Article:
Starring: Keira Knightley, Mickey Rourke, Edgar Ramirez, Lucy Liu, Delroy Lindo, Jacqueline Bisset, Mena Suvari, Christopher Walken
Director: Tony Scott
Keira Knightley is the hottest woman in Hollywood, and comeback king Mickey Rourke is the man. Surely, the two teaming up would be the perfect equation for the sleeper hit of the year. I couldn’t have been more wrong, though the first hour of Tony Scott’s latest film, “Domino,” represents what could have been one hell of an entertaining movie. And then, something happened that changed my opinion for the worst: the second half. Suffering from Scott’s penchant for editing his movies like he’s on acid and letting them run much longer than necessary (check out “Man on Fire” for more evidence of this), “Domino” is more likely to make your eyes bleed and deliver a splitting headache than anything else.
Very loosely based on the true story of Domino Harvey (Knightley), the film begins with the socialite-turned-bounty hunter meeting with a criminal psychologist (Lucy Liu) after a job gone wrong. Her narrative takes the audience through a quick journey of her life, including her lavish childhood as the daughter of a famous actor (Laurence Harvey, played by Jesse Pate) and her sudden desertion of a career as a world-class model. The real action begins when she joins up with two real-life bounty hunters, Ed and Choco (Rourke and Edgar Ramirez, respectively), and an Afghani driver named – get this – Alf (Riz Abbasi).
Before long, the team becomes involved in a reality series on the WB entitled “Bounty Squad” produced by TV bigwig Mark Heiss (Christopher Walken) and hosted by former “Beverly Hills, 90210” stars Ian Ziering and Brian Austin Green. The cameras follow them around on every job, and their latest mission involves tracking down four men who ripped off $10 million from an armored vehicle while dressed as First Ladies Bush, Clinton, Reagan and Onassis. But it’s never as simple as it seems, and Domino and Co. uncover a series of under-the-table deals that may have royally screwed them over.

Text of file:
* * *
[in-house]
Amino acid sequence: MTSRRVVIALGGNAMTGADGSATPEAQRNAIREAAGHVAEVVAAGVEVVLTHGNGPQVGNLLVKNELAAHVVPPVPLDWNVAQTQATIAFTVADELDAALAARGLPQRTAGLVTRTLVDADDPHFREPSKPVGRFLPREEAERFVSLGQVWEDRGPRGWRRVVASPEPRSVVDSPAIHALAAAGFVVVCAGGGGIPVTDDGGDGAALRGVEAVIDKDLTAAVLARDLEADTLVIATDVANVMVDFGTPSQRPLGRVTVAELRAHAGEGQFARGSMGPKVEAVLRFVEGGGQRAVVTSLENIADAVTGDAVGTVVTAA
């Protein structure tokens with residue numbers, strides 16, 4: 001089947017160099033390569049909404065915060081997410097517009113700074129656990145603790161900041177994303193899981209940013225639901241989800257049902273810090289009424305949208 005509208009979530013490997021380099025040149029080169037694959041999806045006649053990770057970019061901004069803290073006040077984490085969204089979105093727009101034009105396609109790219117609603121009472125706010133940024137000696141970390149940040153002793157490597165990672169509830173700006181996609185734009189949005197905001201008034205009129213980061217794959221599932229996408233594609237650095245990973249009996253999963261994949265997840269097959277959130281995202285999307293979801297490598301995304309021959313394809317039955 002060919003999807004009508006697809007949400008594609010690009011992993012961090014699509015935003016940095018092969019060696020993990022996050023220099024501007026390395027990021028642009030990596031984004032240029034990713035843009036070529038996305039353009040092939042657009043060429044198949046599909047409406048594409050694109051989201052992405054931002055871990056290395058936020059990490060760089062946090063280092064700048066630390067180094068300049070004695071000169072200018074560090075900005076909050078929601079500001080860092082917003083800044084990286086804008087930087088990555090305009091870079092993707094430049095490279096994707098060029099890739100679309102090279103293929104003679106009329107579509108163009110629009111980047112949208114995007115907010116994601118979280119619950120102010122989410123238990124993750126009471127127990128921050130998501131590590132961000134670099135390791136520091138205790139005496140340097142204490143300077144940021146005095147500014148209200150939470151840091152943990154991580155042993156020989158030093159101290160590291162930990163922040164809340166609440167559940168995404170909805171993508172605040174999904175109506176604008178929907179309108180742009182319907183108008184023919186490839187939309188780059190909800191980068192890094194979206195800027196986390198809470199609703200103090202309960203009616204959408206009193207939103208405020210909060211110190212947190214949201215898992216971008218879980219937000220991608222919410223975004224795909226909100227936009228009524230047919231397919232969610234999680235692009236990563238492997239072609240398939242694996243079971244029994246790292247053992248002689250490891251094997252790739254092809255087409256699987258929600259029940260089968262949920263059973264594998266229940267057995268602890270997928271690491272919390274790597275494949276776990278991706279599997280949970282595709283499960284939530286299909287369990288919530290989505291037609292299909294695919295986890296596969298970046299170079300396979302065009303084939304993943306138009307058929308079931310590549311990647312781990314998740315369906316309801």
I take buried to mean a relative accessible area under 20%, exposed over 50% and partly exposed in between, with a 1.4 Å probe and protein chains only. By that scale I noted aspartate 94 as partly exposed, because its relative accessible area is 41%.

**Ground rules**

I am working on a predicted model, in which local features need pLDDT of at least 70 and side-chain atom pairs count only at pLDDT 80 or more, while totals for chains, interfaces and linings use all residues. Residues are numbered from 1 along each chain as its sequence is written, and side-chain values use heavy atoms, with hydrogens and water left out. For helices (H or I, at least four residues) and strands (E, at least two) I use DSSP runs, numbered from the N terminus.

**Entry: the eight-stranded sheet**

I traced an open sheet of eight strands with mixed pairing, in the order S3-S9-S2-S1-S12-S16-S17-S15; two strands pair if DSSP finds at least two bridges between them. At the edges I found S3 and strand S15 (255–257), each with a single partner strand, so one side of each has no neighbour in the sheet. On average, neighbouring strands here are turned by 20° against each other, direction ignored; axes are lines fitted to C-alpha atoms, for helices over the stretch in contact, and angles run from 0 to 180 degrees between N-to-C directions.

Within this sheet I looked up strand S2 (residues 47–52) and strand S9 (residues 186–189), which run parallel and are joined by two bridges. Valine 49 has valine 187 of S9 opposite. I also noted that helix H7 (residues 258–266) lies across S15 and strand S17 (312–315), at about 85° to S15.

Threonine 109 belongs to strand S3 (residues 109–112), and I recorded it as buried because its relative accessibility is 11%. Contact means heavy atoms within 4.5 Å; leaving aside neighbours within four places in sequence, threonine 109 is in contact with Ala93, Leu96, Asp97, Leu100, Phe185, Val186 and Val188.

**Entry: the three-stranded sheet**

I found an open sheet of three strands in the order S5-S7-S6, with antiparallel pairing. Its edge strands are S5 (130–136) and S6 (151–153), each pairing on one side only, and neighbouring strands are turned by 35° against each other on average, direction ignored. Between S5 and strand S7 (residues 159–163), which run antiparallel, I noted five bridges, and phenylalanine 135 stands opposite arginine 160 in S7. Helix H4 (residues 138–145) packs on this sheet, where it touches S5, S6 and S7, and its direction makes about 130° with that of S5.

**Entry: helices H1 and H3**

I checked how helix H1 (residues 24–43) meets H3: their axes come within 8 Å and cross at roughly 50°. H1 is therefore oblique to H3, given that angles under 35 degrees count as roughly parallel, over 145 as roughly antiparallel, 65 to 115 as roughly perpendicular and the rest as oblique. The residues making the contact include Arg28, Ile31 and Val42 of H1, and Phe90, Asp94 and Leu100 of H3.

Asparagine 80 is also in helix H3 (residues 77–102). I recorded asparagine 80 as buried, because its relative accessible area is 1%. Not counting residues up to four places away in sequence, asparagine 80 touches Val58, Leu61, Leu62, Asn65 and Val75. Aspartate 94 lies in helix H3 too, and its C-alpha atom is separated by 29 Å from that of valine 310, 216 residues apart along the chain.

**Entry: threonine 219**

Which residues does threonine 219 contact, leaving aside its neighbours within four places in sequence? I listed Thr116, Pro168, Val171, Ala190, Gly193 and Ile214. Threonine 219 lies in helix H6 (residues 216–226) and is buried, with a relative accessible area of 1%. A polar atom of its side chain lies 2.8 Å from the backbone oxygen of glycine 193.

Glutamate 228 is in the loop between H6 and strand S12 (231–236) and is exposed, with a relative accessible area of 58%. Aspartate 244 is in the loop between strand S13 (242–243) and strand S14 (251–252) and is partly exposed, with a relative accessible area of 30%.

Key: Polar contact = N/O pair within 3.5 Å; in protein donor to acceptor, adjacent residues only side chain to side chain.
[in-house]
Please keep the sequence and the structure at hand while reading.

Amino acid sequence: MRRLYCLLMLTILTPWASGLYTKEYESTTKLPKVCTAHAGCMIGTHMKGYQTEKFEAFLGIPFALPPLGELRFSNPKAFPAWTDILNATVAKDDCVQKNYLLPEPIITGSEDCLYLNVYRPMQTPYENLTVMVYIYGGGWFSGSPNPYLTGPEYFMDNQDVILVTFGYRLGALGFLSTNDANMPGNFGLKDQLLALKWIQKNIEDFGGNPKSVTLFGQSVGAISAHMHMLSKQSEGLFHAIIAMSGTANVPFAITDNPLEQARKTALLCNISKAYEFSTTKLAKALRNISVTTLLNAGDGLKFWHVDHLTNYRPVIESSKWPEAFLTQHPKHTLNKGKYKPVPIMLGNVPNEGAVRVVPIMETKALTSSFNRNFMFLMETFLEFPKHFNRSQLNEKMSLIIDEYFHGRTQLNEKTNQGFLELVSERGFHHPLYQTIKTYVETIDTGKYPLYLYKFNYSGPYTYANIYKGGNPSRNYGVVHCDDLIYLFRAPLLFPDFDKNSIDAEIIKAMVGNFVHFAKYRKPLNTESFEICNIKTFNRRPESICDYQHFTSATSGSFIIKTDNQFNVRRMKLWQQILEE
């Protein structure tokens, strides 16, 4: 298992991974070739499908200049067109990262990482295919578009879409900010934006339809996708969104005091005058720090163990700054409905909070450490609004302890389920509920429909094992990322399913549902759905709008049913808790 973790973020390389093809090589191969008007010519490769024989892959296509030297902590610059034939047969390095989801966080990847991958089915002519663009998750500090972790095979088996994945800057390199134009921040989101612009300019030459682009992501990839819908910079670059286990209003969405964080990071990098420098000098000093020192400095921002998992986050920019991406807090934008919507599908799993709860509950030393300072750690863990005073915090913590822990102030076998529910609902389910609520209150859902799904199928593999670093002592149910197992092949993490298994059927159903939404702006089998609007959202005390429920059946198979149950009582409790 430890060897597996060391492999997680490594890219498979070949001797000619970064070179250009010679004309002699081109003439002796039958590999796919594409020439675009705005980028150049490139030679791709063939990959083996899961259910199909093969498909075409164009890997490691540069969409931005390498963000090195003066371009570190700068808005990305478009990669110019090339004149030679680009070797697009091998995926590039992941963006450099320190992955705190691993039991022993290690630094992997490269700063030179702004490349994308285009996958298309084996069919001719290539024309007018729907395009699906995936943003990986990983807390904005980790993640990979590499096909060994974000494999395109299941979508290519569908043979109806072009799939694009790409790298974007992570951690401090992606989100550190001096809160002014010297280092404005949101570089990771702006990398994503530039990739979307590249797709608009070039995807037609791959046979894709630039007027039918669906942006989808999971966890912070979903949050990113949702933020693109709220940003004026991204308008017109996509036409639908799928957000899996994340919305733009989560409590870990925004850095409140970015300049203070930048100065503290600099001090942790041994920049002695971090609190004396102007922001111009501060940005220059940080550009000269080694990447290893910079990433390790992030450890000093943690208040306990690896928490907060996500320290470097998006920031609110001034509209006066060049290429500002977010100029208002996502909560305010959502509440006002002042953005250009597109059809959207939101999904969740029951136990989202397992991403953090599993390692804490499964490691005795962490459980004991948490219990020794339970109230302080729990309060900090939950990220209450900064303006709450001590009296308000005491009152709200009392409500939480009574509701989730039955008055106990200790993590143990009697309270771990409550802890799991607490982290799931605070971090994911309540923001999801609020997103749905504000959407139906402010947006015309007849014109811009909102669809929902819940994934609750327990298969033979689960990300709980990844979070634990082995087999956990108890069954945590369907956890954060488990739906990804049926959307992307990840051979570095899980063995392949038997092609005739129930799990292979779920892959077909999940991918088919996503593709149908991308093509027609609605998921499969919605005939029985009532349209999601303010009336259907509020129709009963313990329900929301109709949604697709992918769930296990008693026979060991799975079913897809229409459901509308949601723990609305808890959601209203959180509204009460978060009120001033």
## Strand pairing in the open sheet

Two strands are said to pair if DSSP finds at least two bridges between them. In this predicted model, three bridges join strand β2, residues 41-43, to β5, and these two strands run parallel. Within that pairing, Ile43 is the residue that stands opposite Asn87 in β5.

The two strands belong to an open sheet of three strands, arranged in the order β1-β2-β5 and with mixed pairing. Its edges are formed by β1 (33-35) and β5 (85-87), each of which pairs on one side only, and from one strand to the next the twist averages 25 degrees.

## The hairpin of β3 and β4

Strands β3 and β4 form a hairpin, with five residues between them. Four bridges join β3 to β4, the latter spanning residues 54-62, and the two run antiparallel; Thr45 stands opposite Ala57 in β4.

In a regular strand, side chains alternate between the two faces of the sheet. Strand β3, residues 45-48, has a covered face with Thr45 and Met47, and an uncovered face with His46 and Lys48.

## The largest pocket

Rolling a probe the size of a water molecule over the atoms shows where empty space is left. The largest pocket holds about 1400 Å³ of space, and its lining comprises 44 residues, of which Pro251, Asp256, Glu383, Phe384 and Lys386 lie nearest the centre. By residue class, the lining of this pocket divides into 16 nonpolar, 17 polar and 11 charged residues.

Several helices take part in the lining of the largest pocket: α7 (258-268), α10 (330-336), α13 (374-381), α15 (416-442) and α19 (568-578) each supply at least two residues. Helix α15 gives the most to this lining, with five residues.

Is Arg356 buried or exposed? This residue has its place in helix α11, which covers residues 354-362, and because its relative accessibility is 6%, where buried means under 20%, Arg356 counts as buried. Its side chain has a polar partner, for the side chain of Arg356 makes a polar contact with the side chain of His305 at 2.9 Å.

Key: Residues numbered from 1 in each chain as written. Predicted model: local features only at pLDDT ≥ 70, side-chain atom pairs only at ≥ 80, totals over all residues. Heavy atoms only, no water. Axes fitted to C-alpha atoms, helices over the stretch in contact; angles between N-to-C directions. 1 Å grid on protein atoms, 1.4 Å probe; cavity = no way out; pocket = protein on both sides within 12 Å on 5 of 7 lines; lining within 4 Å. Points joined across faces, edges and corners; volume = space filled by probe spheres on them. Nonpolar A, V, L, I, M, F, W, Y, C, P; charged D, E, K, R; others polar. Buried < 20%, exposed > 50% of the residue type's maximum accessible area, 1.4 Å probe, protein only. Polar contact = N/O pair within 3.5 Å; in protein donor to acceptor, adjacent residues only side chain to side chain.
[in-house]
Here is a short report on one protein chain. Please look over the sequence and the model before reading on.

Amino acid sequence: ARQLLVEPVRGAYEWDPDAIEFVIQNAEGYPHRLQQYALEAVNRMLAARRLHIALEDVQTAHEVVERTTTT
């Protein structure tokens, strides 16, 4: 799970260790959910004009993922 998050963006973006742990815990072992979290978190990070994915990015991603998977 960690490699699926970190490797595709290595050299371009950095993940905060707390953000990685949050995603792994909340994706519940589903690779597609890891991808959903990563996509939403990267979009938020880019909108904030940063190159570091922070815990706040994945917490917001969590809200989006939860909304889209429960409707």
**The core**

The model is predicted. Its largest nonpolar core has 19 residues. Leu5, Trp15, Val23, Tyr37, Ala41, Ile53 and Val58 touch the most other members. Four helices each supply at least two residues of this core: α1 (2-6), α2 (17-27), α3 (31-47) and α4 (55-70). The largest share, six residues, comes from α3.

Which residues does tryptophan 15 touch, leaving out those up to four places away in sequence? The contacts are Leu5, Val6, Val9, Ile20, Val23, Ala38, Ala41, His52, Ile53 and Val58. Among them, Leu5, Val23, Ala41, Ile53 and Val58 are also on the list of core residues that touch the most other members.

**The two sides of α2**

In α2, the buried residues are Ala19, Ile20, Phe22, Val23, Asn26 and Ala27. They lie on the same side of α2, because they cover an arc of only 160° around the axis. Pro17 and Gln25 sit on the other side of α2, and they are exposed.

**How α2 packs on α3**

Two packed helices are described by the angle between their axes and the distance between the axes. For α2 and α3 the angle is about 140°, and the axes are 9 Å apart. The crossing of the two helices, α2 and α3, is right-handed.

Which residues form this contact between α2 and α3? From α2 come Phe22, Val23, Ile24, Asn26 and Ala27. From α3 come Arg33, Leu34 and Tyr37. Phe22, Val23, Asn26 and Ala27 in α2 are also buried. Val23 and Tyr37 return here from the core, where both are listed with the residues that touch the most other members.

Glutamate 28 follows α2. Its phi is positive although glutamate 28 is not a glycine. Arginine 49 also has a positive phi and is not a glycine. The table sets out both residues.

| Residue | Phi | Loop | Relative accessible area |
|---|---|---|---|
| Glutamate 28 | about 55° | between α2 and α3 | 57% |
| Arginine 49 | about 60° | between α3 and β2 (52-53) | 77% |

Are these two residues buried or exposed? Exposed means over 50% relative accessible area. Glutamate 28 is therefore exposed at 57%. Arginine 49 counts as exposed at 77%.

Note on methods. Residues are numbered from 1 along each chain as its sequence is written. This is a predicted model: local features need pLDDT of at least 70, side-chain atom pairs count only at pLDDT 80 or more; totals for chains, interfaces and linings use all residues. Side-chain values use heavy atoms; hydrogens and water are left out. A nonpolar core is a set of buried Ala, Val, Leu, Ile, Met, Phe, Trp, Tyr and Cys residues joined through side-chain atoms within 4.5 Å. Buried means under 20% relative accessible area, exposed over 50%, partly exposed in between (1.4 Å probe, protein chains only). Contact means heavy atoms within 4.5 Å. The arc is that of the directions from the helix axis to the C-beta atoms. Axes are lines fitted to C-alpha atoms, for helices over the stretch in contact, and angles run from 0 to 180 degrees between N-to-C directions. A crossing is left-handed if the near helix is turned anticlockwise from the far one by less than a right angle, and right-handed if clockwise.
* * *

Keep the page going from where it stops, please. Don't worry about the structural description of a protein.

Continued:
Knightley is amazing, as usual, playing the very complex Domino, but methinks that there’s a whole lot more to this girl than the movie lets on. Ms. Harvey was apparently also bisexual and a raging drug addict, but the script never makes mention of any of this. Rourke, on the other hand, isn’t as entertaining as he should be (see “Spun” for a killer performance), but relative newcomer Edgar Ramirez is a blast to watch on screen, with a deadly resemblance to old-school Antonio Banderas. Most of the many supporting actors that Scott has rounded up are also fairly disappointing, including Walken and Jacqueline Bisset (as Domino’s mother), while surprisingly enough, some of most enjoyable moments of the film come from Ziering and Green’s parodies of themselves.
Since the film jumps around a lot, a majority of the story is told through numerous vignettes that don’t really make any sense until the end, and to be honest, are much more enjoyable as separate entities. It’s almost as if director Scott had a bunch of good ideas and then employed a screenwriter to figure a way to link them all together. There’s also a healthy mix of comedy on everything from mixed-ethnicity flow charts to the inaccuracies of Mapquest to why celebrity hostages are better, but they all feel like gimmicks meant only to make the audience feel better about the end product. And just like Domino’s flip of a quarter to decide whether one lives or dies, you’ll be doing the same to determine how you feel about this movie.
The single-disc DVD release of "Domino" includes a decent offering of special features including a commentary track with director Tony Scott and writer Richard Kelly, script notes and story development commentary, a featurette on Domino Harvey's life ("I Am a Bounty Hunter"), a visual style featurette ("Bounty Hunting on Acid"), and nine deleted scenes.